Surviving Blended Families - Tips to Help Families Get There
● By Anonymous
As the adults the biological parent and stepparent must determine how they want their household to be run, what type of relationship they are striving for with their stepchildren, and how they will manage to create an environment that allows each child to feel loved, protected, and nurtured by the adults in their lives.
Here are ten tips to help families prepare for blending their families:
- Blending a family is not an easy process, and will have its ups and downs. It’s understandable for the new couple to want their situation to be a smooth transition, but it would be unrealistic to expect children and spouses to simply become a family unit without a few wrinkles. A traditional family has its good days and bad, has stages of growth where children are less than helpful, and have periods of adjustments in which parents and kids are trying to figure each other out. Given that blended family members have less time in which to get to know each other, parent should let go of expectations and let the process progress at its own natural pace.
- Communication is vitally important to the success of a blended family. Each family member should feel their concerns will be heard and addressed rationally. Prior to the actual merging of households some guidelines should be established. Protocol for family meetings (both regularly scheduled and emergency ones) should be discussed with each family member. Make sure everyone knows the procedure in advance, and any family members who may not be residing in the household on a full-time basis be kept in the loop. Not only will family members appreciate knowing there is a place for any grievances to be aired, but also that their feelings matter in the new family environment. Allowing situations to go unsolved will only increase frustration, result in resentments and create disharmony.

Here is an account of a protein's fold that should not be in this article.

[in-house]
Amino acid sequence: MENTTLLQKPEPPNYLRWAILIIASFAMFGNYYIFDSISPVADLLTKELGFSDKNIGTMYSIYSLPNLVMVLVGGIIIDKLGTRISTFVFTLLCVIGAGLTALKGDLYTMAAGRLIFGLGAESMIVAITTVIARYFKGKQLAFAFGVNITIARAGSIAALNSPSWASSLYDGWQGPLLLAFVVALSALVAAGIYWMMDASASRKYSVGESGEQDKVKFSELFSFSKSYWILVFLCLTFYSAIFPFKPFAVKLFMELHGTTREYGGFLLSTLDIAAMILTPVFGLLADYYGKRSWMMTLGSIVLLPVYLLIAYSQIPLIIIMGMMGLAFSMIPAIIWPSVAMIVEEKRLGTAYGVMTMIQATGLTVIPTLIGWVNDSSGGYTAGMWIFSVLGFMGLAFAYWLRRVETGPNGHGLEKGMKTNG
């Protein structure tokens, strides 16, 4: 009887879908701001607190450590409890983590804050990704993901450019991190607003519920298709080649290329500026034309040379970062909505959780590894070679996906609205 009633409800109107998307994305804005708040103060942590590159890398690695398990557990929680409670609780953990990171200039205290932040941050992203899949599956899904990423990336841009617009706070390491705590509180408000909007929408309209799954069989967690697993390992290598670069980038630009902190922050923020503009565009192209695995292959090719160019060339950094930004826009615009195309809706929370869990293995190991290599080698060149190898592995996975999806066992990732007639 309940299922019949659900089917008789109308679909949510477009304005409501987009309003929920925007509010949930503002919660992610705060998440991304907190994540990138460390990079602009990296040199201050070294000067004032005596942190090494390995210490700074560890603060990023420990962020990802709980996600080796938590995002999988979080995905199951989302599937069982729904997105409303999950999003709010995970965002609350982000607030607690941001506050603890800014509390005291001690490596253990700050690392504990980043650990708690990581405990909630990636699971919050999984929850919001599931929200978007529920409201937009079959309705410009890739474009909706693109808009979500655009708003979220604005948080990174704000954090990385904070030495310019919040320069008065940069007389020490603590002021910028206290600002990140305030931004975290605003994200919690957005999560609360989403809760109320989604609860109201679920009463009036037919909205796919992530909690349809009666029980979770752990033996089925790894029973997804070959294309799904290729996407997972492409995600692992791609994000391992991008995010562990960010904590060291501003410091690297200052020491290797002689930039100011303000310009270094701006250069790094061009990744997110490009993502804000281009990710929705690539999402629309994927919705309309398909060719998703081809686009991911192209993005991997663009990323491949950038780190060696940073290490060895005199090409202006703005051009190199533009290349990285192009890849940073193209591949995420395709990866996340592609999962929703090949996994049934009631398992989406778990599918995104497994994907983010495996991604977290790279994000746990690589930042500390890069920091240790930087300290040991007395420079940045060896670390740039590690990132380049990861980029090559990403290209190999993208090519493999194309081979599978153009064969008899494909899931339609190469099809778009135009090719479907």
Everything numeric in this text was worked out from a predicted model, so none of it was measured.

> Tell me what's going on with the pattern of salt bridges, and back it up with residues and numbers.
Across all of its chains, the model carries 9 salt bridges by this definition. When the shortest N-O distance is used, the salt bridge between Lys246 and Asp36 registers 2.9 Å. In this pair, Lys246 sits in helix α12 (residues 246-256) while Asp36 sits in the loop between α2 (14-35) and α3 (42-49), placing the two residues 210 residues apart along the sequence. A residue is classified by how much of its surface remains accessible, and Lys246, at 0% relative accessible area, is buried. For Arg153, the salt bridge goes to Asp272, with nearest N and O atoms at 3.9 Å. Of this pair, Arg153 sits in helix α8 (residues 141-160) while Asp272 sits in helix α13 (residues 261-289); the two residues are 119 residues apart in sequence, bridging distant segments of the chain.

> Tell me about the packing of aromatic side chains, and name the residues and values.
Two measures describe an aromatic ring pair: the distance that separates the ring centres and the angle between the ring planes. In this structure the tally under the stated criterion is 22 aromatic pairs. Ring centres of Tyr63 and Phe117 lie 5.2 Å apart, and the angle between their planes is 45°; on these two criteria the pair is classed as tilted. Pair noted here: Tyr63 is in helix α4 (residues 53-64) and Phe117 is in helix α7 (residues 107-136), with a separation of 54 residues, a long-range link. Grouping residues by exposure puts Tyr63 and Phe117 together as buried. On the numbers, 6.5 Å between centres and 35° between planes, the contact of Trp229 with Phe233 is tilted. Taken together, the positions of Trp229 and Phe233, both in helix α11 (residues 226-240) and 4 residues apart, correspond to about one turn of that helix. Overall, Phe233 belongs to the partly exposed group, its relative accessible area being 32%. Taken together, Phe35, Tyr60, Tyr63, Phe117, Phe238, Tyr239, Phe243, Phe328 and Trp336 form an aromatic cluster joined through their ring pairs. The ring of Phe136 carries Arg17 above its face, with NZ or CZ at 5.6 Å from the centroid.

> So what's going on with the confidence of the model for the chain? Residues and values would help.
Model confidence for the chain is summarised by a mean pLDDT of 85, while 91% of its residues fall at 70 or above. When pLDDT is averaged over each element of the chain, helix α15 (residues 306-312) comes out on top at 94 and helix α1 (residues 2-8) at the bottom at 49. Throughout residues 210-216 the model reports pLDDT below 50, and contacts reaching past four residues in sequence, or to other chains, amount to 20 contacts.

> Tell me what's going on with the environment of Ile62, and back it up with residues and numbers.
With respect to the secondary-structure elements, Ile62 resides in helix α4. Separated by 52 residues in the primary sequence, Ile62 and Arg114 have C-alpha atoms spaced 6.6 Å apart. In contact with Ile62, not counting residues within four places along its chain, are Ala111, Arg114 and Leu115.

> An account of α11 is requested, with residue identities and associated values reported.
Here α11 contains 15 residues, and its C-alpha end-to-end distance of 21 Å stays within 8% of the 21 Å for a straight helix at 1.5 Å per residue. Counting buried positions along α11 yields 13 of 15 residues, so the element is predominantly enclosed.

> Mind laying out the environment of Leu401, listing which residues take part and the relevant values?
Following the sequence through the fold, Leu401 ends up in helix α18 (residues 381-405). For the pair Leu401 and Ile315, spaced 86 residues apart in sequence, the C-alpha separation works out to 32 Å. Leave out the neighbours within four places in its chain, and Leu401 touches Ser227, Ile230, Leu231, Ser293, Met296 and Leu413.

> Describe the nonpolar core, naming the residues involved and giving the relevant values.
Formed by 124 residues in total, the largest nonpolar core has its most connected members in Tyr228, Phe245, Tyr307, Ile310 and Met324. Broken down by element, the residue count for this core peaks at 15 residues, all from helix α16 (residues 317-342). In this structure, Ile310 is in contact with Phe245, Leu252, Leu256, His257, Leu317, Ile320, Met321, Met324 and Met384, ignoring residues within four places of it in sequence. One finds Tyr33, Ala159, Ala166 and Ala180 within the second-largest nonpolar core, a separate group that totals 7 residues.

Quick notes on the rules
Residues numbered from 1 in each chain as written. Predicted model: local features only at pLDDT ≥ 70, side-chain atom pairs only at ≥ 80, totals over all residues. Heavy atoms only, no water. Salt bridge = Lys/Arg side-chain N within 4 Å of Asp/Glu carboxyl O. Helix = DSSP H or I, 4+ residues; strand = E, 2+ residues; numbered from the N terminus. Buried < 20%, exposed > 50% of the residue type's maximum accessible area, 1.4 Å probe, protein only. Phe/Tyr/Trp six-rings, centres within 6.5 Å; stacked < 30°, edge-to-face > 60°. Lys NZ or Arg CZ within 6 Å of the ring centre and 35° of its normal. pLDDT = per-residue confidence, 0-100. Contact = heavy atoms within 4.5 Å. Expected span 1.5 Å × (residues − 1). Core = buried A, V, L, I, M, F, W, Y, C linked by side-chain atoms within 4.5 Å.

- Keep discussions with, comments about and communication between stepparents and biological parents as positive as possible. Many difficulties in blended families result from children feeling torn about their loyalties toward each parent. Providing an environment where conflict can breed and fester is counterproductive to the foundation for a successful blended family.
- Discipline is typically a huge factor in a blended family. Determining who should discipline which children, which forms of discipline are acceptable in the home, and if decisions regarding punishments should be shared are all things that should be discussed prior to sharing a household. The answers to these considerations may also affect biological parents. Therefore, be sure to keep them apprised of whatever household rules are established. This will eliminate the possibility of surprises down the road for all parties, and hopefully, they can reiterate the differences between what occurs in one house versus the other, or even create matching rules for less confusion for the children.
- Blended families must create their “own.” Their own new household rules, their own plan for what behaviors are acceptable and not acceptable between the two adults, and their own new traditions. While children may balk at the idea of doing things differently, gathering the new family together to create new rules and traditions is a great way to develop a bond, while keeping each family member apprised of expectations.
- Dealing with the pressures of merging two households can be very consuming. The new couple should be sure to take time for maintaining and further strengthening their relationship. It’s so easy to get caught up in the daily cycle of family life, but each relationship within the family unit should be nurtured. This is especially true of the relationship between the adults. It’s important for children to see the adults they love in a healthy relationship, for them to understand that the relationship is strong, and for them to realize their parent is happy with their new partner.